Javascript has fundamental flaws that cannot be fixed merely by evolving the language. We'll adopt a two-pronged strategy for the future of Javascript. That is: a) keeping harmony with ECMAScript Harmony; b) develop Dart and push Dart to eventually become an open standard and be adopted by web developers and all modern browsers.

So far, all modern browsers (excluding Chrome, of course): IE, Firefox and Safari have declined to adopt Dart. However, whether Dart would win the battle is anybody's guess.


In 2011, everyone has said one thing or two about Node.js, quite a number of projects, applications and companies have adopted Node.js. What is Node.js? What is it for or not for?

Image from http://habrahabr.ru/blogs/webdev/108241/

"Node.js is a platform built on Chrome's JavaScript runtime for easily building fast, scalable network applications. Node.js uses an event-driven, non-blocking I/O model that makes it lightweight and efficient, perfect for data-intensive real-time applications that run across distributed devices."


node.js is not really a JavaScript, but it has the look and feel of JavaScript. In fact, node.js deliberately adopted JavaScript's syntax to ease the pain of learning yet another framework/language/whatever and to make the server and client side script work with less friction.

It also uses the same catchphrases that we use to describe how great JavaScript is: event-driven, asynchronous. Yet, node.js is true, or more true, to these claims. On the web, JavaScript does not drive, what drives are web servers, IIS, Apache. Web servers serves an ever-increasing and crushing amount of traffic and requests by threading, thread this to fetch data, thread that to get a file. Yet there is a limit as to how many threads that a server can generate, and threaded IO is not non-blocking (how long you have to wait behind 6 people for your doctor?). So node.js aims to solve the problem. Why wait? Let's serve you as soon as you come. Let's just create as many connections (web servers) simultaneously, sending and taking care of many mini-requests as soon as possible. node.js accomplishes this by dealing directly with web sockets and using closures for non-blocking.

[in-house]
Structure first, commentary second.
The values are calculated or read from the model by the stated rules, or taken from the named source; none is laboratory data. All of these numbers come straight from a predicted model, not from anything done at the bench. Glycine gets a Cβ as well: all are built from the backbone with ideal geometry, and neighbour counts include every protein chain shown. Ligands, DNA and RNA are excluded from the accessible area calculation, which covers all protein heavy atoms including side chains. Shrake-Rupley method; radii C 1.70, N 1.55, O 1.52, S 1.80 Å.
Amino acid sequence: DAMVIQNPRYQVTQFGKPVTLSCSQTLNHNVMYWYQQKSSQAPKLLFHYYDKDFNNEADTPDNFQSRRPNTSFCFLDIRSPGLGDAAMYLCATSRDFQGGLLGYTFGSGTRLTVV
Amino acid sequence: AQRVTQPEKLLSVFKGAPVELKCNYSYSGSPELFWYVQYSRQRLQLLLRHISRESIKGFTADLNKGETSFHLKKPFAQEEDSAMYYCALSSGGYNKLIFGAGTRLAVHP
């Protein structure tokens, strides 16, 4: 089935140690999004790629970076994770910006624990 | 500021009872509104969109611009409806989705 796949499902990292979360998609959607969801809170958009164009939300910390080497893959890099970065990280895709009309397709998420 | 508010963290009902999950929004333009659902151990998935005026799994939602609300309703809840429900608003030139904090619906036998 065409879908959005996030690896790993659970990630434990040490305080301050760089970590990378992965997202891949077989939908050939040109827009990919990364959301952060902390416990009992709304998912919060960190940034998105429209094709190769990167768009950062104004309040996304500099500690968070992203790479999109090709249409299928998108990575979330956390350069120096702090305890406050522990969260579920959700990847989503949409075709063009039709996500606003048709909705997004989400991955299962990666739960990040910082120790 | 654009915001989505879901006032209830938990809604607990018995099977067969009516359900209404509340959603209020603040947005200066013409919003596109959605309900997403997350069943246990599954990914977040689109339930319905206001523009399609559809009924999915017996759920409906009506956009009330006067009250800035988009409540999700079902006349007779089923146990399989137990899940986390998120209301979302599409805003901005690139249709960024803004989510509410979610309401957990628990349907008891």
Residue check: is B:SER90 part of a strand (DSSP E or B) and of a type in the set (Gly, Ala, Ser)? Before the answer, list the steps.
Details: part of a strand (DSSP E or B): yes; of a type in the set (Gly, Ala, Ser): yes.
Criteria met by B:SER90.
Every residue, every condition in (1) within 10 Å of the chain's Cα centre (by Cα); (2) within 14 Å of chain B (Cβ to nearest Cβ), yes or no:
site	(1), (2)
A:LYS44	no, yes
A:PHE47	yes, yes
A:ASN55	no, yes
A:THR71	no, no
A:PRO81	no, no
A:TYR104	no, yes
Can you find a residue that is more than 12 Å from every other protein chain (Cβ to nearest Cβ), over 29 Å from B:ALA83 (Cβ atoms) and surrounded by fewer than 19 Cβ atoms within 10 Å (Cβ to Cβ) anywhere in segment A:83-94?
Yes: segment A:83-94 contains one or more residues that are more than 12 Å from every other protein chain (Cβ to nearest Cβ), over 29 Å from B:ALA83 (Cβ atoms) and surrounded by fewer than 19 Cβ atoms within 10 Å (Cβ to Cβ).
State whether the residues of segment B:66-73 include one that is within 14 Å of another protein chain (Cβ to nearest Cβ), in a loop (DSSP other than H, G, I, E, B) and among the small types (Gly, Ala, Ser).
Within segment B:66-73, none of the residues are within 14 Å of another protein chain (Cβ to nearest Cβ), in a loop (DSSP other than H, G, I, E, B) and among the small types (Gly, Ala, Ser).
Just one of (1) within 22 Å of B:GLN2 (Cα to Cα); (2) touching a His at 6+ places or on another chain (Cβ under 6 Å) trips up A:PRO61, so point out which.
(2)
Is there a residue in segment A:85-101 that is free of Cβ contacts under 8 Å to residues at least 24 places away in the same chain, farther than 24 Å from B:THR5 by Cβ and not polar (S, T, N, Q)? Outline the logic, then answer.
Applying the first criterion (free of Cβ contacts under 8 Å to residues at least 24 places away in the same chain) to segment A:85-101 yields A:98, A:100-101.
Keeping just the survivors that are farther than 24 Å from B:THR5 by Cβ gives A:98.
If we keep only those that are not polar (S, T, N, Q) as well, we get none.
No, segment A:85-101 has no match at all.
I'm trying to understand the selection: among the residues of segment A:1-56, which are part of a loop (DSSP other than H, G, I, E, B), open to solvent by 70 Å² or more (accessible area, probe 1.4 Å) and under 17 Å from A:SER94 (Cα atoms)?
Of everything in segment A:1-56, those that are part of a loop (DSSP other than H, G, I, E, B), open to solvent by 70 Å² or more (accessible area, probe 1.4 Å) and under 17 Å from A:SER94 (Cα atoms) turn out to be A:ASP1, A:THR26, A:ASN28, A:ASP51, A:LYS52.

node.js has made a splash. node.js needs bigger players (as big as twitter, as fast and furious as twitter) to flex its muscles. For linus and mac users, you are ready to play with node.js to check out its potential. For windows, hold on a minute or a year.

JavaScript Frameworks for Mobile
If you noticed how hot All Is (IPhone, IPad, etc.) is, or how busy all Androids are (Google just offer free android development classes), you surely know all the sweet spots for development for mobile. JavaScript has geared for and gravitated towards mobile. There are oh so many JavaScript frameworks now for mobile that can deftly provide responsible and touchable and mobile solutions. JQuery mobile is by far the most popular, the other ones are MooTools mobile, Jo.

Source:JavaScript Frameworks for Mobile